The current study examined the effect of parenting and peer ecologies on the development of deviant and violent behaviors during adolescence.
Taking a multilevel approach, the current study examines the extent to which students fluctuations in exposure to family violence and peer deviance are associated with individual levels of bullying perpetration during middle school.
The present study builds on the relational aggression research among adolescents by longitudinally exploring individual and interpersonal factors identified through social cognitive theory and social infor- mation processing theory.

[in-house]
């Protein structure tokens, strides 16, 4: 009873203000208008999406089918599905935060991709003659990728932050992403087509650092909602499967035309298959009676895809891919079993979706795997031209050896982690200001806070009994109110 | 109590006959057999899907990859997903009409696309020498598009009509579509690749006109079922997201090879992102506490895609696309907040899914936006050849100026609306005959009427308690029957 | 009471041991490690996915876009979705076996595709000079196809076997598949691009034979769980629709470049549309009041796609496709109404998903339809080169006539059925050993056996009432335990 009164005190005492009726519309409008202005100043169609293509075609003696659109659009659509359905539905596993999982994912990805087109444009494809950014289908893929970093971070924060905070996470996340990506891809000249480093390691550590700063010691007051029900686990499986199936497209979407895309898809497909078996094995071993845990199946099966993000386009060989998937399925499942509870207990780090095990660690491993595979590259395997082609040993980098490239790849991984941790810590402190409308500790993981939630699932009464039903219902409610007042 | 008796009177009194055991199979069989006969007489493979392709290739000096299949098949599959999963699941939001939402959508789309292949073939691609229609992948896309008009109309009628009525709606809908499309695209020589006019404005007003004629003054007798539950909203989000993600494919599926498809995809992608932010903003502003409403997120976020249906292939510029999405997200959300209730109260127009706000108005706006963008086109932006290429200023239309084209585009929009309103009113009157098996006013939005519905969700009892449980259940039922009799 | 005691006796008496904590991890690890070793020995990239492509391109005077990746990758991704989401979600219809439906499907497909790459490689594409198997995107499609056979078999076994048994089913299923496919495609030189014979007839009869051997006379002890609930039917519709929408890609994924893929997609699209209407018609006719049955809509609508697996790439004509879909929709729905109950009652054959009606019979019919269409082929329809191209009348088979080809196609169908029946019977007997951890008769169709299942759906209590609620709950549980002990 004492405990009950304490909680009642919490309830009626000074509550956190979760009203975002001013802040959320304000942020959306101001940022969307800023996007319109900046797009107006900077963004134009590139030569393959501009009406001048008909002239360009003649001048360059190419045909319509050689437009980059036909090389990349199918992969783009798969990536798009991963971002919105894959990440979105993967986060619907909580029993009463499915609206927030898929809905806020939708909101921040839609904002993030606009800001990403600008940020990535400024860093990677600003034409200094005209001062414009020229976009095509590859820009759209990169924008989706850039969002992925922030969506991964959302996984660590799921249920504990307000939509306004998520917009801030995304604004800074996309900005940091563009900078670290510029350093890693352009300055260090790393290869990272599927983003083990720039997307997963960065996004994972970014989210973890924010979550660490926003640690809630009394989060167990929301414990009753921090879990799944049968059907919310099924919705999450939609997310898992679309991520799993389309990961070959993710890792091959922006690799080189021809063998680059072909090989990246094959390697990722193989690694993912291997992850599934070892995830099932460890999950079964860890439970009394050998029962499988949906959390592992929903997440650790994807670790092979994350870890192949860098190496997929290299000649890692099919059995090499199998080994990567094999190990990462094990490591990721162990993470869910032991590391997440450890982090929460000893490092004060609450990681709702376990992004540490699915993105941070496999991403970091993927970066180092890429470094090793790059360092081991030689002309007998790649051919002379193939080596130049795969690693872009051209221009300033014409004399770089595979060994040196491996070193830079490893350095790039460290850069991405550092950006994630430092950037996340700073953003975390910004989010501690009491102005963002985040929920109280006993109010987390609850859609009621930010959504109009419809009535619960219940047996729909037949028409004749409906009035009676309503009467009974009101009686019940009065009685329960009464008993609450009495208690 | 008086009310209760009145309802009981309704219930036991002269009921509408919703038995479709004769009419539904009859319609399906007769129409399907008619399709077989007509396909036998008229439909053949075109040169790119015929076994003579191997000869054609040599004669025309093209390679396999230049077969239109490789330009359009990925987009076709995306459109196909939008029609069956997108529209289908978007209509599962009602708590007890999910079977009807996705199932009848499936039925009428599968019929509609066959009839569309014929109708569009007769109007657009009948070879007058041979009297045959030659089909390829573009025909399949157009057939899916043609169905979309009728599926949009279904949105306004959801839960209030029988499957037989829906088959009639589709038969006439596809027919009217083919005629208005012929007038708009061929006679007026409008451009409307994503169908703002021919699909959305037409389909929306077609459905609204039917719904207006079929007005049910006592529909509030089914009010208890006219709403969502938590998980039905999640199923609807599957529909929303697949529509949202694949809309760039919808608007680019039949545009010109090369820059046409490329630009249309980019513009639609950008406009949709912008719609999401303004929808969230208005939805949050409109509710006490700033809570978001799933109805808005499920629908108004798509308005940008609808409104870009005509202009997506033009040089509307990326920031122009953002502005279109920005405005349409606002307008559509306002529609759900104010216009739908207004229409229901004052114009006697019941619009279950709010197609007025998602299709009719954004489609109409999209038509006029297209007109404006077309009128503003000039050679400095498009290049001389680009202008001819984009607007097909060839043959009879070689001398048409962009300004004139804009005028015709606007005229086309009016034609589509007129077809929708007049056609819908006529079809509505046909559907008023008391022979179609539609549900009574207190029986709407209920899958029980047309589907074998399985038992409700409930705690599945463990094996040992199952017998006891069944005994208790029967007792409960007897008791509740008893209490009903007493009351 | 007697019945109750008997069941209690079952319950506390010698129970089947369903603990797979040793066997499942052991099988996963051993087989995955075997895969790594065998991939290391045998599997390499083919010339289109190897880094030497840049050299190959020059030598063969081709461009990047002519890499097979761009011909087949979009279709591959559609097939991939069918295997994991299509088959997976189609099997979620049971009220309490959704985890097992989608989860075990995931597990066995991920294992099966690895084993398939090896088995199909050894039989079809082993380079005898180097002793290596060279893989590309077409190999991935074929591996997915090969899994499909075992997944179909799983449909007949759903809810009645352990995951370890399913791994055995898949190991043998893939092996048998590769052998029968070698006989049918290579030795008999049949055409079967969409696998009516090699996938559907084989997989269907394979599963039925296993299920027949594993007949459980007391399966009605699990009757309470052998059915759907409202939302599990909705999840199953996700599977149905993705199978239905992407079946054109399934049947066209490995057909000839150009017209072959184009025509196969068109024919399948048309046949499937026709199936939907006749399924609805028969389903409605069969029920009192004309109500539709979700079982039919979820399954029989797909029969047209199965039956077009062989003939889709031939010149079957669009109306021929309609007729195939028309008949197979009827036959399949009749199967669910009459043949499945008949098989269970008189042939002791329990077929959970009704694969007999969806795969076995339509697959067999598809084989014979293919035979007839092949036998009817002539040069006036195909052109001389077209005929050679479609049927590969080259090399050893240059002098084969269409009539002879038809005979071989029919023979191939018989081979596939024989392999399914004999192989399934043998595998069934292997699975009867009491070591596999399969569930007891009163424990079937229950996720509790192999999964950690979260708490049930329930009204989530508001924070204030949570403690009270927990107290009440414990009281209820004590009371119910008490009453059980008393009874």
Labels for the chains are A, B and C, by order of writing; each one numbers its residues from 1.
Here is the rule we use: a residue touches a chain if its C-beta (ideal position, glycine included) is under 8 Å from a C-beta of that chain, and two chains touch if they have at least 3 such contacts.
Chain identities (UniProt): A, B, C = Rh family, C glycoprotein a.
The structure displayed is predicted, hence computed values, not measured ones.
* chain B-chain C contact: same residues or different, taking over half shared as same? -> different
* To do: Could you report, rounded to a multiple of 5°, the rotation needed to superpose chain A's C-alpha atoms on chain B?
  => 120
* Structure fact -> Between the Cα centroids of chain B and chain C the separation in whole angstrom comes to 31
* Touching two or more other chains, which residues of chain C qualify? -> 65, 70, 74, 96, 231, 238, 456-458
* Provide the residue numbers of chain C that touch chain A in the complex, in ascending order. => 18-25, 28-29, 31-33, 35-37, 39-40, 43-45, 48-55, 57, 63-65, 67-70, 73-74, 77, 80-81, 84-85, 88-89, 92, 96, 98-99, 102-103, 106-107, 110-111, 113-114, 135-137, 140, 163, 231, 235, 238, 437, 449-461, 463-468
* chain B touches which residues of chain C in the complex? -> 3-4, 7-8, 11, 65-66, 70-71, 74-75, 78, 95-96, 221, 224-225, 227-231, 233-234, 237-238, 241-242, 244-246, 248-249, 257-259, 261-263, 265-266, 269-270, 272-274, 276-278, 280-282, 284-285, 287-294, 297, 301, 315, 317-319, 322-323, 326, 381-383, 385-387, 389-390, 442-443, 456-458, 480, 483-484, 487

We conducted a longitudinal study on university students’ drinking groups, with a focus on peer-reported and self-reported status as predictors of students’ drinking-related behavior. We first examined average between-persons differences in group members’ typical status as a predictor of systematic changes in their drinking-related behavior over time. We then examined within-person effects, or how students’ drinking-related behavior changes as a function of time-specific changes in their typical status.
This study examined the social selection and influence processes related to bullying and homophobic teasing behaviors, using a Stochastic Actor-Based Model (SABM) for longitudinal networks